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UAE law on cybercrime is providing a legal basis for disappearances and crackdowns on cyber-dissent, says Joe Odell, of the International Campaign for Freedom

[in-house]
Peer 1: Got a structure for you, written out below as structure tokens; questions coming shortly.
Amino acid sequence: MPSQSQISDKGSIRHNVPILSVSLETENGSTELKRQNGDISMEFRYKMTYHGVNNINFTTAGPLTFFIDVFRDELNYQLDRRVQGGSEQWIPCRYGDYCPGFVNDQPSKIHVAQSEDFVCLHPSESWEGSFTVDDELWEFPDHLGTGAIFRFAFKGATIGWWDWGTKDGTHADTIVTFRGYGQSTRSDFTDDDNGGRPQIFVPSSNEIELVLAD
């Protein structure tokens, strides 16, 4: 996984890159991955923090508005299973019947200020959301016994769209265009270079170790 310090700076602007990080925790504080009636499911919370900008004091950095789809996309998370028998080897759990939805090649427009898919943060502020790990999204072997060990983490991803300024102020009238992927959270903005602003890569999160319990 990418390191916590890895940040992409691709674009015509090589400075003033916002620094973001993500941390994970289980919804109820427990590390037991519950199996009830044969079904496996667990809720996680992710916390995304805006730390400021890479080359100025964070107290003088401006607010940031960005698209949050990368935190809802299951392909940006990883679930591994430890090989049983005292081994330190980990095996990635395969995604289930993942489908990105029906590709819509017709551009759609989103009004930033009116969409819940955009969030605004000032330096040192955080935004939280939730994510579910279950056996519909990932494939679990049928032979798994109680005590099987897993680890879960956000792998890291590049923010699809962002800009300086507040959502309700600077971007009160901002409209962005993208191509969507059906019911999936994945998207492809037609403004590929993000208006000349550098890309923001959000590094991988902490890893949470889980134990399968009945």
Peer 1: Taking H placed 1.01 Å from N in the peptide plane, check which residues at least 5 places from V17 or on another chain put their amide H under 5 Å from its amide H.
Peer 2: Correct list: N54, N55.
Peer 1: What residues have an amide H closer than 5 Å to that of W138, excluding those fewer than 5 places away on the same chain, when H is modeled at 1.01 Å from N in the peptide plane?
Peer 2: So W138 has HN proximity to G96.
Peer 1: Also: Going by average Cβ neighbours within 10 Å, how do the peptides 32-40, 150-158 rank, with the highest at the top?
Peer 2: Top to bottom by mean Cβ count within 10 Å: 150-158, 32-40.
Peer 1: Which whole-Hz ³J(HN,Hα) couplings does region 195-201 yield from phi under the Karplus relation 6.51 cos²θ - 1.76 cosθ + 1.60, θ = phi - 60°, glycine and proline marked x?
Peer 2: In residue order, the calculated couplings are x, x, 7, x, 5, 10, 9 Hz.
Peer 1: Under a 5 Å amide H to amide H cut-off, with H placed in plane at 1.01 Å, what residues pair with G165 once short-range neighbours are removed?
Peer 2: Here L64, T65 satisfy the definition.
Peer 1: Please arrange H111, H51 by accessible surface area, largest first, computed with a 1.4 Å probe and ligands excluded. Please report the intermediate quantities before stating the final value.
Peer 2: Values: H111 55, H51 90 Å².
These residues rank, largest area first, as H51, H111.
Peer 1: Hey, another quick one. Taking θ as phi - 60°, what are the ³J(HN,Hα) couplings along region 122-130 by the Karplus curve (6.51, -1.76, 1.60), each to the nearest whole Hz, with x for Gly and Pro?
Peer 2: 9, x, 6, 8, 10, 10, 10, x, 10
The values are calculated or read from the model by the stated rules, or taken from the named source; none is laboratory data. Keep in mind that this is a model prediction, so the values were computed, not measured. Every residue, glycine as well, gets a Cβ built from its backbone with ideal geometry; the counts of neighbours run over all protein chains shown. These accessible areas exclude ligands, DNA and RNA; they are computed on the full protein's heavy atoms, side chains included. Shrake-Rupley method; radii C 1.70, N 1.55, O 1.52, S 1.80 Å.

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SHARMINI PERIES: It’s The Real News Network. I’m Sharmini Peries coming to you from Baltimore. In the United Arab Emirates, people are disappearing at an alarming rate. Not through some science fiction means, but through someone acting with state consent and authority, where individuals are grabbed from the street or from their homes, and then officials deny or refuse to say where they are. It is a crime under international law. This is all happening in conjunction with the disturbing increase in prosecutions of individuals under the Cybercrime Act for their social media posts. A report released by the Emirates Media and Studies Center has concluded that there has been at least 300 prosecutions for so-called ‘cybercrimes’ in the UAE. This is just in 2016 alone. Joining us today from London to discuss the increasingly oppressive environment in the real world for online activity is Joe Odell. Joe is press officer for the International Campaign For Freedom in the UAE. Thanks for joining us Joe. JOE ODELL: Thank you, I’m happy to be here. SHARMINI PERIES: Joe, let’s start off by you describing for us the cyber law that is being used to prosecute people in the UAE for their basically what we would consider here free speech. JOE ODELL: Well, it was a law that was instituted in 2012 by the UAE authorities. They instituted it … They claim that it’s been instituted to respect privacy, to fight for … To guard against personal hacking attacks and so forth. But when you look at the decree, its vaguely worded provisions really provide, essentially, a kind of legal basis, if you will, for heavy restrictions on freedom of speech and assembly, and essentially, really the repression of political distance and government critics, which we’ve seen at an alarming rate since the institution of this law in 2012. SHARMINI PERIES: And as I understand it Joe, people are being targeted for social media posts that they may have actually done outside of the UAE. Is that correct? JOE ODELL: Yes, and there have been cases of that. Earlier in 2014, a Jordanian journalist, Tayseer Al Najjar, tweeted or published a series of Facebook posts criticizing the Israeli invasion of the Gaza Strip, and criticizing various Arab leaders, including the United Arab Emirates regime, for not doing enough to support the Palestinians. That post was made when he was in Jordan in 2014. In 2015 he moved to the UAE to start working as a reporter. He was then detained by authorities. He was disappeared for over a year, and he was eventually charged for those Facebook posts, and sentenced in March of this year to three years in prison. SHARMINI PERIES: And how does a law allow them to do that, something that was actually done outside of the UAE? JOE ODELL: And this comes back to the vagueness of the law in itself. It’s not clear. It doesn’t stipulate, really, that these posts, that you have to be in the UAE when you make these posts. It can be done outside … There’s another example of it with an American, a U.S. citizen, who was working for an Emirati company. Ryan Pate in 2015 posted on Facebook his grievances with the company. He then came back to the UAE to carry on working for them, and he was detained for a post that he made in Florida. So as I say, it’s very vague, it’s not clear, and obviously this leads to extrajudicial proceedings going on in relation to it. SHARMINI PERIES: What are some of the issues that people may be talking about in social media that seems to be offending the state the most? JOE ODELL: I think, obviously issues around … This is primarily aimed at, and this is part of really a wider crackdown in the UAE. I mean, it shouldn’t be understood in isolation. Since the Arab uprisings in 2011, state repression in the UAE has got increasingly more coercive. This happened with a group of activists who launched a petition calling for Democratic reforms. The result of that was that 64 were then incarcerated. And this law came in after that. It’s primarily, really, designed to silence criticism of the state, essentially, and silence the work of human rights activists. Currently, the very, very prominent human rights activist, Ahmed Mansoor, who in 2015 won the Martin Ennals Award for Human Rights Defenders, which is essentially the UN Nobel Peace Prize for human rights activists. He was detained, or forcefully disappeared earlier this year in relation to his social media posts. And it’s ironic, because what he was campaigning about in the UAE were restrictions around social media, and now he has been forcefully disappeared as a result of his social media activity. SHARMINI PERIES: Right. So obviously, Joe, you’re working on this case. What are some of the other cases that you’re working on regarding forced disappearances, and the use of cyber crime laws in the UAE? JOE ODELL: Well, so there are other cases … I mean, there were so many cases in which this has happened. Earlier this year, the prominent Emirati academic Dr. Nasser bin Ghaith was sentenced to 10 years in prison for Twitter comments that were critical of the UAE authorities. He was forcefully disappeared for a random period of eight months, a period of which he maintained he was tortured. Subsequently, Amnesty International Human Rights Watch have launched international campaigns calling for his immediate and unconditional release. He’s launched a hunger strike. So there are so many examples of this, but it’s important to understand it within a wider context of repression in the UAE, and it’s important, I think, to understand it within the wider Middle East in terms of … And the links that that has in terms of arms exports to the Middle East. So we had the Arab uprisings in 2011. A lot of people dubbed that The Facebook Revolution. Social media was absolutely fundamental to the way people organized, and people came out into the streets subsequently to call for pro-democracy movements. So regimes have very, very quickly caught on, including the UAE, have quickly caught on to the fact that they need to control social media. SHARMINI PERIES: Right. And what can you tell us about the role of foreign governments and corporations in collaborating with the repression in the UAE? JOE ODELL: Okay, so a BBC report came out about a couple of months ago, and it uncovered that BAE Systems, so a British weapons manufacturer, were actually exporting weapons, exporting cybersecurity and military technologies to the United Arab Emirates. And this technology, essentially, facilitates the UAE authorities, and surveying and monitoring the population. It encrypts phone communications, it’s got voice-tracking software. So British companies such as the UAE, Israel, are also involved in exporting, tracking and monitoring surveillance software to the UAE. There was a breaking story last year that Ahmed Mansoor, the human rights defender who I mentioned earlier, there was an attempted hacking on his phone, which basically was a text message. And this text message promised to give him information about the conditions of prisoners in the United Arab Emirates. And as he had already been subject to cyber attacks in the past, he was very suspicious. So he passed his phone onto an organization called Citizen Lab in Toronto, who then managed to track … Or found there had been an attempted attack on his phone, and managed to track it to an Israeli company called the NOS Group, and reportedly the UAE had paid a million pounds from this Israeli company for the software. So there is a real market in terms of cybersecurity dealers, if you will, that is facilitating this repression. SHARMINI PERIES: Yes. We actually did a story about the lab you’re talking about in Canada, where they did a report on the way in which this technology had been used in Mexico to monitor the activities of lawyers, activists, working on the disappearances of the students in Mexico. So this is all very interesting. It all comes full circle here of how it is being used by states. What can people do if they want to support people who are being targeted, or what can people who think they are being targeted do if they suspect that their phone or their messages are being tampered with? JOE ODELL: Well, yes, because of the nature of obviously the surveillance state in the United Arab Emirates, it’s very, very difficult if you’re in the UAE to counter these attacks by the government. I mean, what Ahmed Mansoor did was absolutely paramount in uncovering and exposing the nature of these attacks, and actually led Apple to do a software update to get rid of the faults in the phone that enabled the attack. What they can do is follow Ahmed’s lead and stay in communication with groups like Citizen’s Lab. In the UK and in the US, what people can do is pressure their government, really, to stop selling this kind of software, and stop allowing British and American companies to export their software to regimes around the world that routinely violate international human rights law. And so it’s absolutely important to realize … Certainly, the British state is absolutely complicit in human rights violations. It’s allowing the export of this cybersecurity software in the UAE. So it’s up to people in the West to put pressure on their governments in order to stop these exports. SHARMINI PERIES: Joe, it’s a very interesting situation, because countries like Canada, the UK, the U.S., of course call out nations like the UAE for the violations of human rights in their country, but at the same time, they provide them the technologies, the weaponry, and even training and assistance to carry out these human rights violations. An interesting predicament. JOE ODELL: It is, it certainly is, yes. SHARMINI PERIES: I thank you so much for joining us today. JOE ODELL: Thank you very much, glad to be here. SHARMINI PERIES: And thank you for joining us here on The Real News Network.